Smokers have recently made a big wake in the culinary world. Smoking food, however, is no new concept. Although you may be a smoking master, what happens when your twenty-first-century smoker starts to turn your food into an item more resembling coal?
Smoker turning food black – what’s going on? The first potential cause could be a lack of ventilation which can cause a black residue on food. Another likely cause could be a lack of care for the smoker itself. At times, oil can drip from the food itself and onto the burner of the smoker causing the oil to burn, produce more smoke than usual, and leave a black residue on your food.
This issue has a relatively easy fix, as a little clean up can go a long way in your smoker’s proper function. After all, everyone wants their food to finish in a way that leaves guests wondering how you perfected such a timeless craft and begging for a second helping. Continue reading to understand what creosote is, how you can properly identify its presence, how to rid yourself of the pesky problem, and how to identify various starting points that cause creosote.
What is Creosote?
There are few times one can almost guarantee a perfect outcome with food. Mistakes are made, temperatures are set too high, hosts and hostesses get busy and leave things cooking in the land of forgetfulness, and recipes fail. The beauty of smokers is that they give a nearly perfect cook every single time. Even better, they do so without you having to check on your dish over and over again.
Simply pop in, let smoke, and viola! You have the most mouth-watering pork loin on the block. What happens when you pull that beautiful pork loin out of the smoker and it is covered in a nasty black soot?
Creosote is the ruiner of dreams, the killer of all things good when it comes to your smoker. What is creosote you ask? Creosote is a thick, oily substance left over by your smoker caused by extreme heat. Many times, this ugly creature builds up on meat or other food items within your smoker and changes the color as well as the taste of what it surrounds. You can tell the substance is present not only by the discoloration and feel of your food but also by its taste.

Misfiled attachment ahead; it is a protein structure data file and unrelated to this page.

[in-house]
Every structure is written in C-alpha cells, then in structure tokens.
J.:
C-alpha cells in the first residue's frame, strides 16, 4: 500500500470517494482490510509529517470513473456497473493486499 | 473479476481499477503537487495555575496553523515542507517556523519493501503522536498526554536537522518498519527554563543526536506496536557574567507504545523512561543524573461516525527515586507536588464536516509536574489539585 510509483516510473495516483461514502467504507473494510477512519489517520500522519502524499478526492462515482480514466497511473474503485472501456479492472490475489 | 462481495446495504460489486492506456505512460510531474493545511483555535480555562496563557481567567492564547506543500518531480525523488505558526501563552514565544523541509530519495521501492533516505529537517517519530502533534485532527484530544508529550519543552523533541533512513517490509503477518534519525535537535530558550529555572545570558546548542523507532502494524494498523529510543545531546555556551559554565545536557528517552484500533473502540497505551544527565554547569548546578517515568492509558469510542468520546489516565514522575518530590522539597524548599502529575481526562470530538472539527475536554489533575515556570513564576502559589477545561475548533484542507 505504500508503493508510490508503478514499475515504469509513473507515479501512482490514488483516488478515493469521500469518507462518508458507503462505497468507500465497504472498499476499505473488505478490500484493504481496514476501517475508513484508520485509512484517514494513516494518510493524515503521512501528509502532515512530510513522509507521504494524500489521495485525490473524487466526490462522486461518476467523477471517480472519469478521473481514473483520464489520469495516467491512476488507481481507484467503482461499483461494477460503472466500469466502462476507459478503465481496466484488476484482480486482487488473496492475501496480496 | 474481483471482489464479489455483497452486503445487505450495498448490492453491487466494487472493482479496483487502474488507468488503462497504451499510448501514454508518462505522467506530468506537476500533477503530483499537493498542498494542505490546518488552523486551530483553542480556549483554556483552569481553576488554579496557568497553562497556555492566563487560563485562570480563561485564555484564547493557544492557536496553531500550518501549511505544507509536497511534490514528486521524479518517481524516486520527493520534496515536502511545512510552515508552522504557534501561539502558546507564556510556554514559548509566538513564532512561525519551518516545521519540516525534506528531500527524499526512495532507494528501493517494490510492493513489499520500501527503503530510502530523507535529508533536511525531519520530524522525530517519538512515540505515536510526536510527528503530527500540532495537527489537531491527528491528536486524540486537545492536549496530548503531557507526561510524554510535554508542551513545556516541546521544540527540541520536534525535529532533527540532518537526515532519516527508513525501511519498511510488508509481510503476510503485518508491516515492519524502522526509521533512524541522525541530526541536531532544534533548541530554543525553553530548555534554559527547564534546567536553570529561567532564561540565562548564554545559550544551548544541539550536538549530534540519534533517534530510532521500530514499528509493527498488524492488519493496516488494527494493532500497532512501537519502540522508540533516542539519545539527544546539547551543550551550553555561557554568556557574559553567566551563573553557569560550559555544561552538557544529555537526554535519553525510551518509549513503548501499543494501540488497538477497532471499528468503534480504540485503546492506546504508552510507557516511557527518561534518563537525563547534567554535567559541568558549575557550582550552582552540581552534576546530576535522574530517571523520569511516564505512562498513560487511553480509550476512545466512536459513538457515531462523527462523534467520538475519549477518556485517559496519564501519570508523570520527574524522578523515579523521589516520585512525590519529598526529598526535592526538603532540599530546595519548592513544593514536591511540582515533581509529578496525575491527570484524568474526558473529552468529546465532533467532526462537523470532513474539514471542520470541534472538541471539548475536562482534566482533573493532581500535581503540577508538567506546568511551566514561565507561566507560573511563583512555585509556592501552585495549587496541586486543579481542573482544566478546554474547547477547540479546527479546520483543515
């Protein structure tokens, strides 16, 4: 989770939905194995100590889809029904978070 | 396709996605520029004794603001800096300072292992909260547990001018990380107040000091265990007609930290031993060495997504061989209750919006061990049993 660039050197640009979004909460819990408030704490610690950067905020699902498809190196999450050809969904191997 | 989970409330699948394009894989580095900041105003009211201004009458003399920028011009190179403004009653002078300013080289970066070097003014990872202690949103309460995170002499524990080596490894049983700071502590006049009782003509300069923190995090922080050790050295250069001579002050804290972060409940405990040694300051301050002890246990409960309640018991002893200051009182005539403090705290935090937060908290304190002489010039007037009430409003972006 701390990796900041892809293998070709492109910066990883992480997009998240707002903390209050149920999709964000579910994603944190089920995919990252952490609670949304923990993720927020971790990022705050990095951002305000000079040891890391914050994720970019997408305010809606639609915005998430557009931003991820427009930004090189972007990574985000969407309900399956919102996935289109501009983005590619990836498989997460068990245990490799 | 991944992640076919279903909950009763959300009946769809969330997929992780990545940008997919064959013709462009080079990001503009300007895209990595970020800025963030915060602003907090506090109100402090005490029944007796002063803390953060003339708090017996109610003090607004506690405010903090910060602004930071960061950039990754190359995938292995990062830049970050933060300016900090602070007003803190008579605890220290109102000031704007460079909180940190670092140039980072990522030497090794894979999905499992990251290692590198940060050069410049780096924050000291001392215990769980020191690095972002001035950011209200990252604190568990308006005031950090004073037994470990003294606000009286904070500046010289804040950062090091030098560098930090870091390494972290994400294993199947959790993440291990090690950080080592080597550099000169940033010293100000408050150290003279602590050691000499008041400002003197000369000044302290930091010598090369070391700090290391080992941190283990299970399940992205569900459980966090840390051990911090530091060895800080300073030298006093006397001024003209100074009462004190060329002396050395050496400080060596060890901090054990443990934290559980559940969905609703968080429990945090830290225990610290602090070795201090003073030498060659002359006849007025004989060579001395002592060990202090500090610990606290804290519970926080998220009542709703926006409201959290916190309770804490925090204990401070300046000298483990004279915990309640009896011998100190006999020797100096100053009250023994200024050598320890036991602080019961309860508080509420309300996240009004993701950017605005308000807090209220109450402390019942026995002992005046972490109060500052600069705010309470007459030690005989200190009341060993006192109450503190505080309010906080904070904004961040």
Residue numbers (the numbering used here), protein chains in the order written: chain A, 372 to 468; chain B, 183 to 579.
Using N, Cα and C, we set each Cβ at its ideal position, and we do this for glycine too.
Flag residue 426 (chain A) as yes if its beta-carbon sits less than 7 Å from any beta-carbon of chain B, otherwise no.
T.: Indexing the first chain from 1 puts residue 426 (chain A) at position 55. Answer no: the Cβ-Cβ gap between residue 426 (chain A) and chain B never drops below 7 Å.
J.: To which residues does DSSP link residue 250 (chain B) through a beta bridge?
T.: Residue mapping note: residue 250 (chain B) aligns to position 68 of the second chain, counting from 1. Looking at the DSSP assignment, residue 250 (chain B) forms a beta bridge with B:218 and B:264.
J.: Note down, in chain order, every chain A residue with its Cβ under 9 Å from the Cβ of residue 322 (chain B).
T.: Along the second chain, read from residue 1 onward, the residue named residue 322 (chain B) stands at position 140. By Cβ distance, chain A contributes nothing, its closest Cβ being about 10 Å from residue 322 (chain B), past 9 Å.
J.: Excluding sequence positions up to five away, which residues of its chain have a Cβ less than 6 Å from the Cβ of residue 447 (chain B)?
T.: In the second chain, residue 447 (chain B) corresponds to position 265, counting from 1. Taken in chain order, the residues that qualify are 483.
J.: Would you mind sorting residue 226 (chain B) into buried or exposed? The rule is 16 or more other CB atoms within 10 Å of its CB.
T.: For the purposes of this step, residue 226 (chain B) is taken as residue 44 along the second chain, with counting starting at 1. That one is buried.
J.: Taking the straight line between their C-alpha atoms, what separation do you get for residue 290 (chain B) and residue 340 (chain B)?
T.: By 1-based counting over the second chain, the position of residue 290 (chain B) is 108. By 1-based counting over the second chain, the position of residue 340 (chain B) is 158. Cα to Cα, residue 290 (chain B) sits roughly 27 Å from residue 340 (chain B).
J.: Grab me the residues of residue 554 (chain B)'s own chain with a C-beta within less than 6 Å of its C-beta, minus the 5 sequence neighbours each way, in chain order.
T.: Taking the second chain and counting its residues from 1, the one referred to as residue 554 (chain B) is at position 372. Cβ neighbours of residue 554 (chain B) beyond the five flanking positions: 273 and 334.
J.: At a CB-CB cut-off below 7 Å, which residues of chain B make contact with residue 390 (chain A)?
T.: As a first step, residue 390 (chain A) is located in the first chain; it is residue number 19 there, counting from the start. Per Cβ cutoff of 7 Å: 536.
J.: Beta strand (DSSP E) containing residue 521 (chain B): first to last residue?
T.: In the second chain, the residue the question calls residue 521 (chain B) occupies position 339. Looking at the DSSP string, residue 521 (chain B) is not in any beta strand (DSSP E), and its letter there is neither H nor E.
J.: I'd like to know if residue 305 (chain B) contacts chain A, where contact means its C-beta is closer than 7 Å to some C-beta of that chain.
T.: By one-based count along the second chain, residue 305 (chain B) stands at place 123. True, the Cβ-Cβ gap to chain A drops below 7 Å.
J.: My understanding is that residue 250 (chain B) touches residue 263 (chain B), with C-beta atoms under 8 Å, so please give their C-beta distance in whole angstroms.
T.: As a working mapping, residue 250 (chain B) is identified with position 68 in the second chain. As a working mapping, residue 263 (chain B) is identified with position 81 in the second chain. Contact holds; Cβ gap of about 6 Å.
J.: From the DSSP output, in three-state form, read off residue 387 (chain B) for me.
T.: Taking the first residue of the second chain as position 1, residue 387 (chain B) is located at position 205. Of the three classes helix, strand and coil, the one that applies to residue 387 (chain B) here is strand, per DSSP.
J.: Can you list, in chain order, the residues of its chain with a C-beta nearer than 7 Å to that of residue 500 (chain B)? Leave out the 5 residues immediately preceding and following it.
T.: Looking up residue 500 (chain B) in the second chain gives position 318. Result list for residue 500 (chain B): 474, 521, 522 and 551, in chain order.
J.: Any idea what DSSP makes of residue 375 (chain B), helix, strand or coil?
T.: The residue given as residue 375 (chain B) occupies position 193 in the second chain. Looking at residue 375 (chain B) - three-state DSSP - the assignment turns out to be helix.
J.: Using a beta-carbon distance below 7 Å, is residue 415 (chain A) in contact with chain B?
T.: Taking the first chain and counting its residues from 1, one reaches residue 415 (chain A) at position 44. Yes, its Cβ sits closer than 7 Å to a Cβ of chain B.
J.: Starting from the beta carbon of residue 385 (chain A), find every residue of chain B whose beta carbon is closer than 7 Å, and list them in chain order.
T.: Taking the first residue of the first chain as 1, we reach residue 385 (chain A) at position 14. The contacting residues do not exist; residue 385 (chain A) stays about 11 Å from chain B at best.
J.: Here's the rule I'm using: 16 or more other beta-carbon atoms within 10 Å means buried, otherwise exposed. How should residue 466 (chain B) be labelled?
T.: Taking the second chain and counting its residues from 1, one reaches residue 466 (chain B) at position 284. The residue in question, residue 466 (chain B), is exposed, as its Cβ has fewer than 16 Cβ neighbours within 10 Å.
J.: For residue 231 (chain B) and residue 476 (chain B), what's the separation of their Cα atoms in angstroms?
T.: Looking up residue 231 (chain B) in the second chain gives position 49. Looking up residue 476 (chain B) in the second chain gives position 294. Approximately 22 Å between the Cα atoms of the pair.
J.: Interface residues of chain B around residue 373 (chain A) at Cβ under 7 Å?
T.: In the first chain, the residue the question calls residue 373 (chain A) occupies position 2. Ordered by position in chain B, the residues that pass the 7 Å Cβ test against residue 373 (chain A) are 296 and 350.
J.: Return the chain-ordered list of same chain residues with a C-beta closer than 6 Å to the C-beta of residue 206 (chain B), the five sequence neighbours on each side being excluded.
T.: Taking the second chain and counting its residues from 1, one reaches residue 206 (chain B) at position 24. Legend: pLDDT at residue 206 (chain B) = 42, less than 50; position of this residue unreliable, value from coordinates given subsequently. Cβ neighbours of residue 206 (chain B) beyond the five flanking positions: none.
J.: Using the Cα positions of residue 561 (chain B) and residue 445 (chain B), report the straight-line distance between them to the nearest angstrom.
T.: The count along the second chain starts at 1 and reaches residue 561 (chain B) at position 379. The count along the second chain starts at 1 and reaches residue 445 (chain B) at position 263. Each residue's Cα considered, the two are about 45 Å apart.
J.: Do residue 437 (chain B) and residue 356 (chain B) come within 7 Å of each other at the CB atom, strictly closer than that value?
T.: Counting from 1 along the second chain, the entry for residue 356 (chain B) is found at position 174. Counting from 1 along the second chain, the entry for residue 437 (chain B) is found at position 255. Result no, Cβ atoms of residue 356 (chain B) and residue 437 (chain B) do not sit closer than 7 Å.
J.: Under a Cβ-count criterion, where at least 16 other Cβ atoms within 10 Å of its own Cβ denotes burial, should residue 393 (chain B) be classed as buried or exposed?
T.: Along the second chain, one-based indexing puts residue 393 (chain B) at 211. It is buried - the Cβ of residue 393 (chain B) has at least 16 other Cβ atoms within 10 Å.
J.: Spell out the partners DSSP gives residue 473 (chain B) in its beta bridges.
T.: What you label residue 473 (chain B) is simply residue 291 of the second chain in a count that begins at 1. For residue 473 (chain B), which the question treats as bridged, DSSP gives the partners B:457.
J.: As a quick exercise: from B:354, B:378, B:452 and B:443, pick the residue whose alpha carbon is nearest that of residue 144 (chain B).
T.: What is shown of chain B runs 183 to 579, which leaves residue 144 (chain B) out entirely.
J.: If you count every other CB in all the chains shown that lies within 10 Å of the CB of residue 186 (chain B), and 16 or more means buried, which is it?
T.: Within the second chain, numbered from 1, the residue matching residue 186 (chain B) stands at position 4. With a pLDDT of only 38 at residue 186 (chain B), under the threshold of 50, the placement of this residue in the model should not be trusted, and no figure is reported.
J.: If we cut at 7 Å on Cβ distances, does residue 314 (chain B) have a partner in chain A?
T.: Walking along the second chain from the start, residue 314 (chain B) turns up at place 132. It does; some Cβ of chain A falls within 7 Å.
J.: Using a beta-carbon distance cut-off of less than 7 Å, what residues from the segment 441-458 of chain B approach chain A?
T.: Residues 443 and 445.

Sometimes creosote can leave your mouth and tongue feeling tingly or numb, leaving a not so positive aftertaste. This substance is one that can quickly turn an outrageously high-end beef tenderloin into something only edible for dogs. It is a surefire way to ruin your favorite meal and can transform your once beloved smoker into an item you are ready to trash. However, there is a bright side to this problem.
Solutions are available and the fixes are relatively easy as even the most inexperienced smoker chef can turn their bad luck around. Try not to get too frustrated if this issue exists, as you are more than capable of solving all your problems. All is not lost!
How to Test for Creosote
So you know there is a problem with your smoker. Your meat is discolored, the taste is off, and it has the wrong texture when you are eating it. There could be a few causes for your issues, but you initially suspect that creosote is present.
Before diving straight into fixing the suspected problem of creosote, it would first be wise to test whether this is the true culprit of your meat ruins because there is nothing more discouraging than “solving” a problem that does not exist. Although some are intimidated by a do-it-yourself approach, this testing is easier than you think.
There is a quick trick, something almost fun enough to be present in a fifth-grade science experiment, to test if creosote is a problem in your smoker. What you want to do is hold a glass of ice water above the area that smoke pours from on your smoker. Hold the glass of water in the smoke stream for one to five minutes and pay attention to any black specks that build up on the glass.
If black specks do appear, then congratulations, you have found the source of your problem! Your smoker is in turn not getting enough ventilation and buildup is occurring within.Ventilation is a key component to properly smoked foods, so once you clear this up, your meals will follow suit.